Saturday Matinee – The Darlings, The Dillards, New Grass Revival, Béla Fleck & the Flecktones, and Victor Wooten

The Darlings were a regular feature on the Andy Griffith Show, usually showing up whenever there was trouble brewing (like when Ernest T. Bass tried to woo Charlene Darling). The Darlings were The Dillards.

The Dillards, live at the Tonder Festival in Denmark in 1999. Entertaining intro to Ebo Walker, song starts about 03:45 in.

But there was also a real Ebo Walker, an upright bass player from Kentucky, and the song is not a tribute. From a  Reddit discussion:

Harry Shelor

“Crazy story time. Ebo Walker’s real name is Harry Lee Shelor Jr, (there’s a song called Ebo Walker, which Harry took the name from). Harry cultivated and grew marijuana. He ended up shooting a Kentucky State Police Detective by the name of Darrell Vendl Phelps. He began serving a 50 year sentence in 1981.”

Shelor was released from prison in 2013, age 70.

Prior to his arrest in 1981, Harry Shelor/Ebo Walker was a founding member of The New Grass Revival.

New Grass Revival covers Townes Van Zandt‘s White Freightliner Blues (ca.1981). This lineup consisted of

Sam Bush – mandolin, fiddle, guitar, vocals
Pat Flynn – guitar, vocals
John Cowan – bass guitar, vocals
Béla Fleck – banjo, guitar, vocals

Béla Fleck and the Flecktones, featuring Victor Wooten on fretless bass , his brother Roy “Futureman” Wooten on Drumitar. That’s one tight trio.

Victor Wooten won the Bass Player of the Year award from Bass Player magazine three times and is the first person to win the award more than once. In 2011, he was ranked No. 10 in the Top 10 Bassists of All Time by Rolling Stone.

That set of connections happened somewhat by accident, just like a lot of things these days. Find something fun to do this weekend accidentally, and when you’re done c’mon back here. Got some cool stuff for you to click on.

Saturday Matinee: Uncle Pen, Randy Lynne Rag, Dooley, Steam Powered Aeroplane

Bluegrass has its roots in northern Britain according to my ear. The chord patterns of early country music from Appalachia follow those of Scottish and Irish reels. In the immigration wave of the early 1800’s, the Scottish and Irish tended to venture southward, away from the constrictions of the north, to where they could work their own land. No wonder that early southern recordings sound similar to those of Ireland and Scotland.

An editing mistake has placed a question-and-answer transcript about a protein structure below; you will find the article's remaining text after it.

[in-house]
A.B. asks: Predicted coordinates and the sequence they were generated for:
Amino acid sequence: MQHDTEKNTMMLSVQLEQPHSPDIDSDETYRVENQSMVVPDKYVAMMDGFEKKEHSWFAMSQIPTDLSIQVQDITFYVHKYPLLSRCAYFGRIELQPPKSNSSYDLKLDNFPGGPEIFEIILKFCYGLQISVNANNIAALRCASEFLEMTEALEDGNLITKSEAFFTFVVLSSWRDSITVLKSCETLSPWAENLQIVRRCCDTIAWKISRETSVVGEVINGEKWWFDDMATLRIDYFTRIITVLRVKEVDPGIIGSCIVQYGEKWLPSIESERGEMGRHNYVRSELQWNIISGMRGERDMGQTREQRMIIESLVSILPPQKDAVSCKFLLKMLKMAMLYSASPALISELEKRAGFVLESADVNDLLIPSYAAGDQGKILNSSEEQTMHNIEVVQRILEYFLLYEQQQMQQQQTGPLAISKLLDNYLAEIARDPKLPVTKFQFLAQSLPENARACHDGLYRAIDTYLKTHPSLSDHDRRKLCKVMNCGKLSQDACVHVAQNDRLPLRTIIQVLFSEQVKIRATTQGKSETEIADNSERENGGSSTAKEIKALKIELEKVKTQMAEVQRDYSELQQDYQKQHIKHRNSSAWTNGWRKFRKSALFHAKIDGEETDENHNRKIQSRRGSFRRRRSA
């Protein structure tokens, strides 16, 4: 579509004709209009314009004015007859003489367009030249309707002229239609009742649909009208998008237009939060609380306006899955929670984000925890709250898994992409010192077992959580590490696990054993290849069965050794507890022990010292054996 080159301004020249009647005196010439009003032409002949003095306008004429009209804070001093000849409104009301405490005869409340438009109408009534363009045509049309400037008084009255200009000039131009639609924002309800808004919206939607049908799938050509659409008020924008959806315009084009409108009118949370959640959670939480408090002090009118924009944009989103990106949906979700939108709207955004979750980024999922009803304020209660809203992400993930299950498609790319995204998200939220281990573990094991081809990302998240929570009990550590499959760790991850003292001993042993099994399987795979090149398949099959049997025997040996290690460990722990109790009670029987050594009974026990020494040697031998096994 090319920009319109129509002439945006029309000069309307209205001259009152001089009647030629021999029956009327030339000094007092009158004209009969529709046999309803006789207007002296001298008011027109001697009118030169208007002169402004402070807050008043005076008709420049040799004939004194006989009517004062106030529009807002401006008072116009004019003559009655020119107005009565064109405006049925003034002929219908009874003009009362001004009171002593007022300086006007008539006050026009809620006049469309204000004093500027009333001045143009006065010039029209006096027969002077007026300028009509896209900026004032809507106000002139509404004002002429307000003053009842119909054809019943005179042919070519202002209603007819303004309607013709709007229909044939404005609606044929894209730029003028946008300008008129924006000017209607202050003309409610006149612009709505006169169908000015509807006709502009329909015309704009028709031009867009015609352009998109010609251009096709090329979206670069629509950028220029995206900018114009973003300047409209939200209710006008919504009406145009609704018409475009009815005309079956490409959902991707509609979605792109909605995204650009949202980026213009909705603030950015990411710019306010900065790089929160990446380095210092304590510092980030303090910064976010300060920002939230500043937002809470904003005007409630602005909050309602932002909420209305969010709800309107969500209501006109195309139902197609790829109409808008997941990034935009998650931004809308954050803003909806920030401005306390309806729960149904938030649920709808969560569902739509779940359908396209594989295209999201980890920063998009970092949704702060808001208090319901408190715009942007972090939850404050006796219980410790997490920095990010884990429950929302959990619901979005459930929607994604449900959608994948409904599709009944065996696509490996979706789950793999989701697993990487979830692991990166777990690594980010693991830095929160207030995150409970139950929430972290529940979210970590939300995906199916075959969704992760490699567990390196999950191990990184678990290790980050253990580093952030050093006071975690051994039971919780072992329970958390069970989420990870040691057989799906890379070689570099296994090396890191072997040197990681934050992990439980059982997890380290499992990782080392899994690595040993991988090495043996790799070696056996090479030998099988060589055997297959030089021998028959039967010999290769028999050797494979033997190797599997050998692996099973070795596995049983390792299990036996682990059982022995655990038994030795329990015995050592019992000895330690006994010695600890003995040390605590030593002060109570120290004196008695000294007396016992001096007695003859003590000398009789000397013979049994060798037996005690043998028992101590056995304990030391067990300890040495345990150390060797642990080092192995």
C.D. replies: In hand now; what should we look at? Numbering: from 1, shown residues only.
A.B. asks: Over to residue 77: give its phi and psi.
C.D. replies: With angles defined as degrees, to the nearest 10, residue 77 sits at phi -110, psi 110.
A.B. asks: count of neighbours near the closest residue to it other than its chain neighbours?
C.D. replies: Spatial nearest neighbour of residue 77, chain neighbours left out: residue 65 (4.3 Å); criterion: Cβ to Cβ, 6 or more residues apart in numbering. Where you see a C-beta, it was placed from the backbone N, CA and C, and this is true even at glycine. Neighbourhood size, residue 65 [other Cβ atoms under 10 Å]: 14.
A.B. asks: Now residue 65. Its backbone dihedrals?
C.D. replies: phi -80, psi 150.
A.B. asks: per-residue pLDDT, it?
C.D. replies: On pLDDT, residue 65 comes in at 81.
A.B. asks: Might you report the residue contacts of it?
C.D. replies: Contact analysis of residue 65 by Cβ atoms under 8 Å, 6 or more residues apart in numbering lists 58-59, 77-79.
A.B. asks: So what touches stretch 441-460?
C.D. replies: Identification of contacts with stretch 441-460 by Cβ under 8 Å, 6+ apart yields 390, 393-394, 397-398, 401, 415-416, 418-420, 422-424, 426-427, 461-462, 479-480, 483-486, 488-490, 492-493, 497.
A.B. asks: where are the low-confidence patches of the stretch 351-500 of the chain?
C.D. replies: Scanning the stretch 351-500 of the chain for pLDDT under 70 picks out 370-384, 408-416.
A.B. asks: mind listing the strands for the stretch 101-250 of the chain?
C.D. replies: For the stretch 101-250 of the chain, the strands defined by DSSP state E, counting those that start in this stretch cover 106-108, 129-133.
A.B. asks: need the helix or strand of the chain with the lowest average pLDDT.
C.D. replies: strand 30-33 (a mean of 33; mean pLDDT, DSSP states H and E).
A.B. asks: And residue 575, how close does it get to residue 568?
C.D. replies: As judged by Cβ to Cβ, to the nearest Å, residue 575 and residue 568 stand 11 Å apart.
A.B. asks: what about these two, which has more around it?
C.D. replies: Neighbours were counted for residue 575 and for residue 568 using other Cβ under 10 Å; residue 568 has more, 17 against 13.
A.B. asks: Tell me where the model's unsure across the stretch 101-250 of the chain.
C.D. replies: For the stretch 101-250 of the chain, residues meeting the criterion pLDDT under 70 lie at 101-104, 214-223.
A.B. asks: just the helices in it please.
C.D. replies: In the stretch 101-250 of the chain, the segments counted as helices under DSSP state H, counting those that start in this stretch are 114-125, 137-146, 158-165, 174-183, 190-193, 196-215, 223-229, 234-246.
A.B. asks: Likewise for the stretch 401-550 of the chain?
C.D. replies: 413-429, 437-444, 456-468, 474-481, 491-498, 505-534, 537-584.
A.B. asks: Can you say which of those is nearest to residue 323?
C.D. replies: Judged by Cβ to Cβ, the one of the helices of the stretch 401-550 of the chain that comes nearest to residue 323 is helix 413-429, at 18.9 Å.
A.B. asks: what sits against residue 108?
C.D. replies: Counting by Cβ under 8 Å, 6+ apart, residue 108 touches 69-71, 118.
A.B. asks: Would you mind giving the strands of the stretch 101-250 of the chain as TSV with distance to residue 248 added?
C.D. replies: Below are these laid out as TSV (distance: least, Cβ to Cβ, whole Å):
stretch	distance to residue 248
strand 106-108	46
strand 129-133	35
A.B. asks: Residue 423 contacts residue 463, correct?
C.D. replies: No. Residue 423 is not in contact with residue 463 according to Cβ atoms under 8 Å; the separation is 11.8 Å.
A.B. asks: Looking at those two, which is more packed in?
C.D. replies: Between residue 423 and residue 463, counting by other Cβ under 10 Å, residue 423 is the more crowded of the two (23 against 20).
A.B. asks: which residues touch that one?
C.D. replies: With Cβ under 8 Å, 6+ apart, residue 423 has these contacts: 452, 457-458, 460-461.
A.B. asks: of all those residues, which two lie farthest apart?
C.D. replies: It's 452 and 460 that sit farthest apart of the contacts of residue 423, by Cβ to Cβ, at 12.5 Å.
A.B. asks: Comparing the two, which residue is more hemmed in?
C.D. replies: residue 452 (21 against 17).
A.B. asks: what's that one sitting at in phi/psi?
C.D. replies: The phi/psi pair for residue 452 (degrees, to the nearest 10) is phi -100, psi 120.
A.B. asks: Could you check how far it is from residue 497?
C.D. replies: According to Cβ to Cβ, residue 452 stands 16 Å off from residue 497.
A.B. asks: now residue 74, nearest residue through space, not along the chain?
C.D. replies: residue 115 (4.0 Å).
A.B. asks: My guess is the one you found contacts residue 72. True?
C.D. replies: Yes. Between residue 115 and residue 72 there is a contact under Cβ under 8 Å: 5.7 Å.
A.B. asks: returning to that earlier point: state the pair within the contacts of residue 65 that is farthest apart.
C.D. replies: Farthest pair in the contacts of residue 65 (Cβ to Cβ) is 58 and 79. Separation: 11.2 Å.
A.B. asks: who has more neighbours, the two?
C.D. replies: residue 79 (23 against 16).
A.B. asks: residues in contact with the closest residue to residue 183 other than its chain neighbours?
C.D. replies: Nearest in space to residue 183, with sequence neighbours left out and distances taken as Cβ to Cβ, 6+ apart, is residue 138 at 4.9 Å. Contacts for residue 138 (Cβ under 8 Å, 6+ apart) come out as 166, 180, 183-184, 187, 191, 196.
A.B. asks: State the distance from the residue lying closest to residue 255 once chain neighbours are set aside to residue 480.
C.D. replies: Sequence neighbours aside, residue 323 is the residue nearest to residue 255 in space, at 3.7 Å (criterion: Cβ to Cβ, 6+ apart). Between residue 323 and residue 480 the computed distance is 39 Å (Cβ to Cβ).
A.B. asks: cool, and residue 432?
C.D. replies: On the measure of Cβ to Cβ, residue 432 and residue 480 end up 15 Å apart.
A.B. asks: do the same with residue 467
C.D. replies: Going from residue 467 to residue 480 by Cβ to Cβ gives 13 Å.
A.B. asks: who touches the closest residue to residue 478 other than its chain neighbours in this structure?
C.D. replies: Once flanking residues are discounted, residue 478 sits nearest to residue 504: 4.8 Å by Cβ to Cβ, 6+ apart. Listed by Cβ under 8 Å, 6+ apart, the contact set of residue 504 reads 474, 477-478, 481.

Bill Monroe & his Bluegrass Boys popularized it and gave the style it’s moniker: Bluegrass. This song (video from 1956) is a tribute to Pendleton Vandiver, Monroe’s uncle. Monroe joined his uncle Pen’s band as a kid; his sound dates back to the turn of the century.

Lester Flatt & Earl Scruggs put Bluegrass on the popular map as pickin’ speed demons.

The Dillards were the Darlings clan on the Andy Griffith show. The Dillards decided that L.A. had more to offer than the Missouri Ozarks, and advertised themselves on the streets in the early 1960’s.

The Nitty Gritty Dirt Band were influenced by the Dillards, and took Jerry Jeff Walker’s “Mr. BoJangles” for a ride.

What I was really looking for when all this linkyness began was New Grass Revival‘s version of “Steam Powered Aeroplane,” one of the prettiest bluegrass songs I ever heard:

"Well I went away on a Steam Powered Aeroplane.
Well I went and I stayed and damn near didn't come back again.
Didn't go very fast on a steam powered aeroplane,
The wheels went around, up and down, and inside and then back again.

 Sittin' on a 747 just watching them clouds roll by,
Can't tell if it's sunshine, if it's rain.
Rather be sittin' in a deck chair high up over Kansas City,
On a genuine old fashioned oil finish Steam Powered Aeroplane.

 Well I'd could be PILOT on the Steam Powered Aeroplane.
I'd pull that pilot wheel 'round, then back again.
And I'd wear a blue hat, YEAH, on the Steam Powered Aeroplane,
With letters go 'round the brim and then back again.

Sittin' on a 747 just watching them clouds roll by,
Can't tell if it's sunshine or if it's rain.
Rather be sittin' in a deck chair high up over Kansas City,
On a genuine old fashioned oil finish Steam Powered Aeroplane."

Here’s the songwriter, John Hartford, with Tony Rice, Vassar Clements and others. (Yeah, his vocals don’t do justice for the song.)

Great pre-sunrise morning roadtrip music, just like Pat Metheny’s “New Chataqua Highway,” or anything by Django Reinhardt and Stephan Grappelli.

[Bunk’s compiling his roadtrip list for next month. Lemme know your favorites.]

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